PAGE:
SWS said it revised its response classifications as scores in recent surveys have been testing upper thresholds.

“Up to the previous quarter, ‘very high’ has been the highest category for net personal optimism, net economic optimism and net personal gainers, used when their scores are +30 and up, +10 and up, and +10 and up, respectively,” the report explained.

“This was due to the very rare occasions for the said indicators to go as high as the said borderlines.”

The second-quarter survey added the open-ended “excellent” category, applied when net optimism score is at least +40, as well as when net economic optimism and net personal gainers readings are at least +20.

“Very high” now applies to net personal optimism scores of +39 to +39, as well as when net optimism about the economy and net gainers scores range from +10 to +19.

The other categories of “high,” “fair,” “mediocre,” “low” and “very low” stay with their original ranges, SWS added.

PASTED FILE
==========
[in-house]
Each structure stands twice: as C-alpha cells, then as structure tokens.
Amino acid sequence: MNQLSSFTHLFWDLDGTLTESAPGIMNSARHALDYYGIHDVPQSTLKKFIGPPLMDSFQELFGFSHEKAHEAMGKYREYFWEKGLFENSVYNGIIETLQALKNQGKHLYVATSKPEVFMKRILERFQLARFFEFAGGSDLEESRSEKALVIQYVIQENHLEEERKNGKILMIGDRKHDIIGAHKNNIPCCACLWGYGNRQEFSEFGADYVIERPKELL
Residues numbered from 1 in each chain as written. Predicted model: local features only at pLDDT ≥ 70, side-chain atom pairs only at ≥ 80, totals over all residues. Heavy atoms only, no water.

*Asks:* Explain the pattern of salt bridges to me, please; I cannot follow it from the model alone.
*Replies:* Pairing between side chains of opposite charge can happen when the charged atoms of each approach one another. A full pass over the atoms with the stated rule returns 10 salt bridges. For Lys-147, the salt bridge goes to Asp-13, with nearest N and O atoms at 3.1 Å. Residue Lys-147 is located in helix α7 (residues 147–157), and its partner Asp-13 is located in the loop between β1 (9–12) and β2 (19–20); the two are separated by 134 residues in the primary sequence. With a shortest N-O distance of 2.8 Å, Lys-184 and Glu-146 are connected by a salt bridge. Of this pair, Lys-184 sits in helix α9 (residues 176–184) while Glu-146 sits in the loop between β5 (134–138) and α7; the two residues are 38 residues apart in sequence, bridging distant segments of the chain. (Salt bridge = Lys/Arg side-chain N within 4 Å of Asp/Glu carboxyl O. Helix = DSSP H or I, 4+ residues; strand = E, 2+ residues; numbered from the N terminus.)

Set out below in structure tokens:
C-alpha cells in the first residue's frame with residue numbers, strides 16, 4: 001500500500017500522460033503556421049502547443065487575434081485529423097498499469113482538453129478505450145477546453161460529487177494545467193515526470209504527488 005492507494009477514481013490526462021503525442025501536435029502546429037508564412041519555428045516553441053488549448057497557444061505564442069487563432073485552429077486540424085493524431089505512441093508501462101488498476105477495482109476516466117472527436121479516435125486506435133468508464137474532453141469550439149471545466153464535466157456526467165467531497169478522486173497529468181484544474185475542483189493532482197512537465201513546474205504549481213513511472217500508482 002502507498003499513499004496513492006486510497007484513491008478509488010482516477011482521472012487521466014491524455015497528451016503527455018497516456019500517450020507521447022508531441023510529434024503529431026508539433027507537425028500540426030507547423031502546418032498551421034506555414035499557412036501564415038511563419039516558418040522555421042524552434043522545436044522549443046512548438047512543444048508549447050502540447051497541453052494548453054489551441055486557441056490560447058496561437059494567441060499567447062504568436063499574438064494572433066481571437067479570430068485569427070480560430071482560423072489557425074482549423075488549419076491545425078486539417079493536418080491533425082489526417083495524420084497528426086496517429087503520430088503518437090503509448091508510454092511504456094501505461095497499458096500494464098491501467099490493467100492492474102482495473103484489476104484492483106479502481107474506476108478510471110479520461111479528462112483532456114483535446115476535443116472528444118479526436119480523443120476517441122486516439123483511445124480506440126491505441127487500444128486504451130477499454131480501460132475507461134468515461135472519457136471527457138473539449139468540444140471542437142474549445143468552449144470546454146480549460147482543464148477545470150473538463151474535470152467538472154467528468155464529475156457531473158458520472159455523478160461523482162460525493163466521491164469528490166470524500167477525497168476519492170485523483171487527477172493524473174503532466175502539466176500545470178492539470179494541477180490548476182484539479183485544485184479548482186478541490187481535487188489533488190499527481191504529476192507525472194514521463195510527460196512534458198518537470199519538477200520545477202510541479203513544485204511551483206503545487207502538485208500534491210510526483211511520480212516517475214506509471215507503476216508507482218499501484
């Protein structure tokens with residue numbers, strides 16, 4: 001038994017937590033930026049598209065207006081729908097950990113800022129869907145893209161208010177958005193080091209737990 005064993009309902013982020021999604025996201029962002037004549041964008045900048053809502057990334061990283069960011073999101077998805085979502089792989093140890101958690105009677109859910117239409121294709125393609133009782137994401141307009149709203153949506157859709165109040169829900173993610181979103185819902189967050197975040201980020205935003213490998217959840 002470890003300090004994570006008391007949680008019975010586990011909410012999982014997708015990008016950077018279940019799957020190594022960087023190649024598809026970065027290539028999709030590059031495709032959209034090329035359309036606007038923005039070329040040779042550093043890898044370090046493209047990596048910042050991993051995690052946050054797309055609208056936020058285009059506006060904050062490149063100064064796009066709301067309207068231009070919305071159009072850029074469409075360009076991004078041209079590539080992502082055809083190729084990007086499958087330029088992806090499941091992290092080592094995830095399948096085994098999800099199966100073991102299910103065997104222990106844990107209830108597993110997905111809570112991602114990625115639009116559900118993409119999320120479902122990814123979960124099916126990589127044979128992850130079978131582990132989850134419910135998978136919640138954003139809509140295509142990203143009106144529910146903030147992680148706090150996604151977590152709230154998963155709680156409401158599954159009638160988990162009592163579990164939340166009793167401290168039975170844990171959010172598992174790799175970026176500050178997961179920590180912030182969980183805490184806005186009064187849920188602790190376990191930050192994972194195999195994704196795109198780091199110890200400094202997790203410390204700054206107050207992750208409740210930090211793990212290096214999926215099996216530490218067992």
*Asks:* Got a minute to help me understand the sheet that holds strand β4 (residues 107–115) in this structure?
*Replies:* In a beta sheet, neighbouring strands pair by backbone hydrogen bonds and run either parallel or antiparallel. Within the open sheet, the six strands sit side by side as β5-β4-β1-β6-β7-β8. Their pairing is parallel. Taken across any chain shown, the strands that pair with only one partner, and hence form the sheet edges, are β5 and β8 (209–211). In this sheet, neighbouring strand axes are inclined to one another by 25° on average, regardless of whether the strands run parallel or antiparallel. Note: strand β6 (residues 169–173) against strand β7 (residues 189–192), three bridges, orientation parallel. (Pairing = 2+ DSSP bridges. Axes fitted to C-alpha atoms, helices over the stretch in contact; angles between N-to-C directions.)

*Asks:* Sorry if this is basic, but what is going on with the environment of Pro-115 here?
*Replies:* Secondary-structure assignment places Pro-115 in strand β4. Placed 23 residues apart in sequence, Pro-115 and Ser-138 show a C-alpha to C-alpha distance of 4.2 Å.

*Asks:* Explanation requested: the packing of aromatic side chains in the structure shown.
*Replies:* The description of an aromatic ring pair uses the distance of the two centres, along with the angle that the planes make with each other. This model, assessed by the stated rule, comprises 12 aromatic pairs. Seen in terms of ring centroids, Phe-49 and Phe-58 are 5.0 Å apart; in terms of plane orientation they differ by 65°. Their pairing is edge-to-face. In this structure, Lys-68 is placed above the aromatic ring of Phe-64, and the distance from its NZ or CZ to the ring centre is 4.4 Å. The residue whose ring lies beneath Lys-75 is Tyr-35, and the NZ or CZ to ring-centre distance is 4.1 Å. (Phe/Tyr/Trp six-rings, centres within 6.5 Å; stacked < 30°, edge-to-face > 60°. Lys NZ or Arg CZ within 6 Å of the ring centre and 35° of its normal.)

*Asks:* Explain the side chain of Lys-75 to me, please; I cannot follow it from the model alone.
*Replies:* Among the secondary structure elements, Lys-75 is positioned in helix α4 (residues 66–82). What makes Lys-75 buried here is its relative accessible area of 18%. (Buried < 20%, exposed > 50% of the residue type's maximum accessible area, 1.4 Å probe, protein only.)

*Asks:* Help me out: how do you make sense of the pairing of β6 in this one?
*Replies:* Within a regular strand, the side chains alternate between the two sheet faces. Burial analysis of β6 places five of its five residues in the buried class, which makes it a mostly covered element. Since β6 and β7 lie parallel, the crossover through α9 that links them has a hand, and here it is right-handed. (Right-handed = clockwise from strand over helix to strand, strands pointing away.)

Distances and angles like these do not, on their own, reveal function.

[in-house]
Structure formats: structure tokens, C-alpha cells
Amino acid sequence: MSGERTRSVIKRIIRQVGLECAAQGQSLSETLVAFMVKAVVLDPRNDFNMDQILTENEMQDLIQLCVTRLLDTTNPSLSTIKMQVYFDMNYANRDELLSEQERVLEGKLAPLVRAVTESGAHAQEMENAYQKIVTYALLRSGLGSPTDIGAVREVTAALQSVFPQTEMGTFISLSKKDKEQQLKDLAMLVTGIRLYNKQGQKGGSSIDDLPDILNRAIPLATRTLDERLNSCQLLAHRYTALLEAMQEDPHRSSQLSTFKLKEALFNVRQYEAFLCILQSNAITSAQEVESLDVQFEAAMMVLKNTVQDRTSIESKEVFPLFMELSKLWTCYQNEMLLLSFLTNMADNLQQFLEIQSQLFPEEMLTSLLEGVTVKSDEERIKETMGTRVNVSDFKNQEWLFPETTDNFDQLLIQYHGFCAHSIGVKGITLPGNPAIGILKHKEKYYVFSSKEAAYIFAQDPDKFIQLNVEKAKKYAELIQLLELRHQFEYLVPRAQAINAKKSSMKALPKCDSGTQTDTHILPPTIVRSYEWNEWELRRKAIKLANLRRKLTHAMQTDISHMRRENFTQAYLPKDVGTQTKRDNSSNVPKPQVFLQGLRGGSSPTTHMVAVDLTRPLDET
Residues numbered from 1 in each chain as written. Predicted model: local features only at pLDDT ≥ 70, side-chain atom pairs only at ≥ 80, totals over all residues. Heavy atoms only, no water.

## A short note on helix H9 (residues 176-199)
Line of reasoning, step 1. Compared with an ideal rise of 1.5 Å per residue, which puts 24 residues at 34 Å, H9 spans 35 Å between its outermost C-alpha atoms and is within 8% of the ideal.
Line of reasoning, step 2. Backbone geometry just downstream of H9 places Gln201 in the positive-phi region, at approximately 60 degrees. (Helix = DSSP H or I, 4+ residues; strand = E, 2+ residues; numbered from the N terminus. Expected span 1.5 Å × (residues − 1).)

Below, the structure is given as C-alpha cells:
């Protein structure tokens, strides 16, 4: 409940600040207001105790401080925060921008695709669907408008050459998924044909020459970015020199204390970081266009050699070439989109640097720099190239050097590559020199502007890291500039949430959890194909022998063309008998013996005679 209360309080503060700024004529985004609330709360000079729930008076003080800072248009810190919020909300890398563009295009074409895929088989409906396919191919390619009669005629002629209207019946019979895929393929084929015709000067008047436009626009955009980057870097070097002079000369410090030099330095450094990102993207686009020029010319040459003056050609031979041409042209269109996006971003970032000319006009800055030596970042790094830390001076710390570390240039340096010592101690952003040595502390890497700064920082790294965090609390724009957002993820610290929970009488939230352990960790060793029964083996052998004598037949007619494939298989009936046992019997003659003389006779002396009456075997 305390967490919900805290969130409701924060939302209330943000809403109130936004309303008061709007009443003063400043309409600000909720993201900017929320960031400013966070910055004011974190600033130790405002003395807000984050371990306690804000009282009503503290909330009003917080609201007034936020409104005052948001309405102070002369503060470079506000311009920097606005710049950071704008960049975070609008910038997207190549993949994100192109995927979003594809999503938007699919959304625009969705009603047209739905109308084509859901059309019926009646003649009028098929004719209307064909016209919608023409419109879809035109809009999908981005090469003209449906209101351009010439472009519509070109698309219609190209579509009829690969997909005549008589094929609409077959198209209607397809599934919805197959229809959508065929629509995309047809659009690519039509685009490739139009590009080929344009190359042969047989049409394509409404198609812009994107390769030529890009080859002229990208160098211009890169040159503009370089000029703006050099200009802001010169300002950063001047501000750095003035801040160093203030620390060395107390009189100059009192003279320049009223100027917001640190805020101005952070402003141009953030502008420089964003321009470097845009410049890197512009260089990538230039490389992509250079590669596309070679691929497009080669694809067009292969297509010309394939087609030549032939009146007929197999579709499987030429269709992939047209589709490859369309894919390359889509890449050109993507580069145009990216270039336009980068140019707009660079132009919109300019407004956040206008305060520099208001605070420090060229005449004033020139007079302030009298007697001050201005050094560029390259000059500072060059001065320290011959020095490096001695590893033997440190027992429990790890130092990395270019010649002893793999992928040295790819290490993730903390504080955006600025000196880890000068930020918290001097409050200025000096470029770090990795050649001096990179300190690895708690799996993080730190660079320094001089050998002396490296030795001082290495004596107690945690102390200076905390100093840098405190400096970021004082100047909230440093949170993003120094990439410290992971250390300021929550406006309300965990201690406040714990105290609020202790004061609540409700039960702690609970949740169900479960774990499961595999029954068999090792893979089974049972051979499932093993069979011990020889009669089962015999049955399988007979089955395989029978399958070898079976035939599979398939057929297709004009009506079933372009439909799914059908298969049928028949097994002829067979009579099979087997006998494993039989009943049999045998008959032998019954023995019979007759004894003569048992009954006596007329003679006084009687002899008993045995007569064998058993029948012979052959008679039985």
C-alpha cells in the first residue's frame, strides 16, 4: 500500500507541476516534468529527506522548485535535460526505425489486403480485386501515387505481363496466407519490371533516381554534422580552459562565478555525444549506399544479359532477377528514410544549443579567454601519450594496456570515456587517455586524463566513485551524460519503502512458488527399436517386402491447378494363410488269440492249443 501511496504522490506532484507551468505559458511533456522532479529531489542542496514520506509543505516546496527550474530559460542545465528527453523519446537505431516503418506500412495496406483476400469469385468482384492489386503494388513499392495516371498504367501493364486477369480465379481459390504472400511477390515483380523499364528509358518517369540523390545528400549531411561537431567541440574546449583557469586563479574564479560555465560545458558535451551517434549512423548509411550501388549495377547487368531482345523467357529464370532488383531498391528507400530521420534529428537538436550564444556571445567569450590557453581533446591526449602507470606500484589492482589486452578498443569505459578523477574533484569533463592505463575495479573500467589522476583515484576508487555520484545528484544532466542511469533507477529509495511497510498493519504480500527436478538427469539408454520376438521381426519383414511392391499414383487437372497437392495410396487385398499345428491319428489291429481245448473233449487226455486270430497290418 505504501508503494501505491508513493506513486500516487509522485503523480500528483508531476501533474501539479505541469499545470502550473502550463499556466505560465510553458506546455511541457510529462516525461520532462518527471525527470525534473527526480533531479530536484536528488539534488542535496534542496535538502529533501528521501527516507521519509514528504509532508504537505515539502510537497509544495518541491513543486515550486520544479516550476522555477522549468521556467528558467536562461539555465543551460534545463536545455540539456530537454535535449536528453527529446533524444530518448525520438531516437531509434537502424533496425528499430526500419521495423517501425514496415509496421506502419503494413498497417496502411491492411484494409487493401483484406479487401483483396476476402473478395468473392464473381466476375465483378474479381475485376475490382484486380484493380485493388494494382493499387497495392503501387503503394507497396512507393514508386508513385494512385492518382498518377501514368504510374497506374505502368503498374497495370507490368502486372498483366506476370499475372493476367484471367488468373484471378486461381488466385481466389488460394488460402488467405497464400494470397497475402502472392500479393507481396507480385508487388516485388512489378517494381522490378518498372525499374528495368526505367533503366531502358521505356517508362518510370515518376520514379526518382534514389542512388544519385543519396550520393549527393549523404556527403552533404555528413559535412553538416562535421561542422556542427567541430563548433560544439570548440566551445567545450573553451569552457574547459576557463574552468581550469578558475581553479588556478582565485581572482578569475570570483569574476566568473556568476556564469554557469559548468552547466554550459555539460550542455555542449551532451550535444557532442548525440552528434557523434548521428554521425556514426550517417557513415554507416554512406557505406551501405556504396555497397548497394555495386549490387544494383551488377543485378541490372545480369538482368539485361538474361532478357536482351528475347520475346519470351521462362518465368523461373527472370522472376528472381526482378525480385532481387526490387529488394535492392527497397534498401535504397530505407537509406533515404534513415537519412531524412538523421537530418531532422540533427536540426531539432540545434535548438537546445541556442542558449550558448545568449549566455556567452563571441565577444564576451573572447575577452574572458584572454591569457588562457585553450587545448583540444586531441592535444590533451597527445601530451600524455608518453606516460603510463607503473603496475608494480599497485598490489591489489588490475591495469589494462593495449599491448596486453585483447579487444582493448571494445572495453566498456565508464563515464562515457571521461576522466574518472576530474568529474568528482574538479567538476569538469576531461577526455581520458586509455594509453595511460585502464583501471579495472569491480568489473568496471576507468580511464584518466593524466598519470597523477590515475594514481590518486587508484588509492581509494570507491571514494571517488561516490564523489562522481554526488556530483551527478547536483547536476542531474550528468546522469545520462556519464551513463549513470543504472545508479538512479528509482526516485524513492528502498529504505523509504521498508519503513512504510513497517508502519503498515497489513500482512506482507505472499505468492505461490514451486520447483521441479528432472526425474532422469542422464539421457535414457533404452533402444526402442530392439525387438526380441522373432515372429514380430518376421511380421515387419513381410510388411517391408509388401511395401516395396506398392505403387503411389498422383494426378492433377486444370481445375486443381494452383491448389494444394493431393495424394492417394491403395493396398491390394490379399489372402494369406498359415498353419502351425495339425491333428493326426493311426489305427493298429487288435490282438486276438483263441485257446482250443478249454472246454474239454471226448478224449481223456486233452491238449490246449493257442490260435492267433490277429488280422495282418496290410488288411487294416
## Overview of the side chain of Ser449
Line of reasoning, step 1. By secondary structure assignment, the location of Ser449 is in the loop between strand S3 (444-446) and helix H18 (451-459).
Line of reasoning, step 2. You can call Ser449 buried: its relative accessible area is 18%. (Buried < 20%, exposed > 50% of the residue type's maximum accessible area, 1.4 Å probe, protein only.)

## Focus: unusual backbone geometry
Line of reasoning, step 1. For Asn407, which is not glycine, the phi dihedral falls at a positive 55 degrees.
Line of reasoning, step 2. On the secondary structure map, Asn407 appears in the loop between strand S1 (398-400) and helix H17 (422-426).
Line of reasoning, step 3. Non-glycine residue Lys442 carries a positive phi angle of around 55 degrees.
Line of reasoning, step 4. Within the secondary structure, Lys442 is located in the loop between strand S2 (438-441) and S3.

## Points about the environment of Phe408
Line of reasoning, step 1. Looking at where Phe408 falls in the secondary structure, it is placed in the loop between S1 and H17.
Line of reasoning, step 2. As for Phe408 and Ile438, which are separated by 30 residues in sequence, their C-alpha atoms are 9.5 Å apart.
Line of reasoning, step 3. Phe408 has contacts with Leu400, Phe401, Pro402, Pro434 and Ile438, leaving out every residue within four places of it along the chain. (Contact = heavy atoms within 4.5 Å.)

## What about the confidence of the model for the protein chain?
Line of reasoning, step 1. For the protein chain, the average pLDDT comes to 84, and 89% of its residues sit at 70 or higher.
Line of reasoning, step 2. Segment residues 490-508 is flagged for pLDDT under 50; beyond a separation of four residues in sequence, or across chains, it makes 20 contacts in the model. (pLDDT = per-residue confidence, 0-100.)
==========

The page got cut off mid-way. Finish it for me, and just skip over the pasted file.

Commenting on the survey results, Presidential Spokesperson Ernesto C. Abella said in mobile phone message that while Malacañang is “pleased” with SWS findings, “what we need are truly institutional changes.”

“We have significant strides in the first year to ensure the inclusion of the marginalized and disadvantaged sectors,” Mr. Abella said.

“The government has certified as urgent a comprehensive tax reform package that would boost economic growth and infrastructure development while raising spending for the poor,” he added.

“This would lay down a strong foundation for inclusive and sustainable growth to enable our people to achieve their aspiration of a matatag, maginhawa at panatag na buhay.”

University of Santo Tomas political science professor Edmund S. Tayao said in a telephone interview, however, that perceptible drops in net optimism about the economy among geographical areas and socioeconomic classes may be due to uneasiness with the declaration in the last week of May of martial law across Mindanao as militants aligned with the Islamic State took over Marawi City.

“Of course, people expect that, among others, the tourism industry will be the most significantly hit by the declaration of martial law apart from the expected impact on the net production of the region again also resulting from martial law,” Mr. Tayao said.

He also cited “doubts and questions with regard to the proposed tax reform program, which is expected to hit the day-to-day… [life of]… the ordinary worker… optimism definitely will be affected as a result.”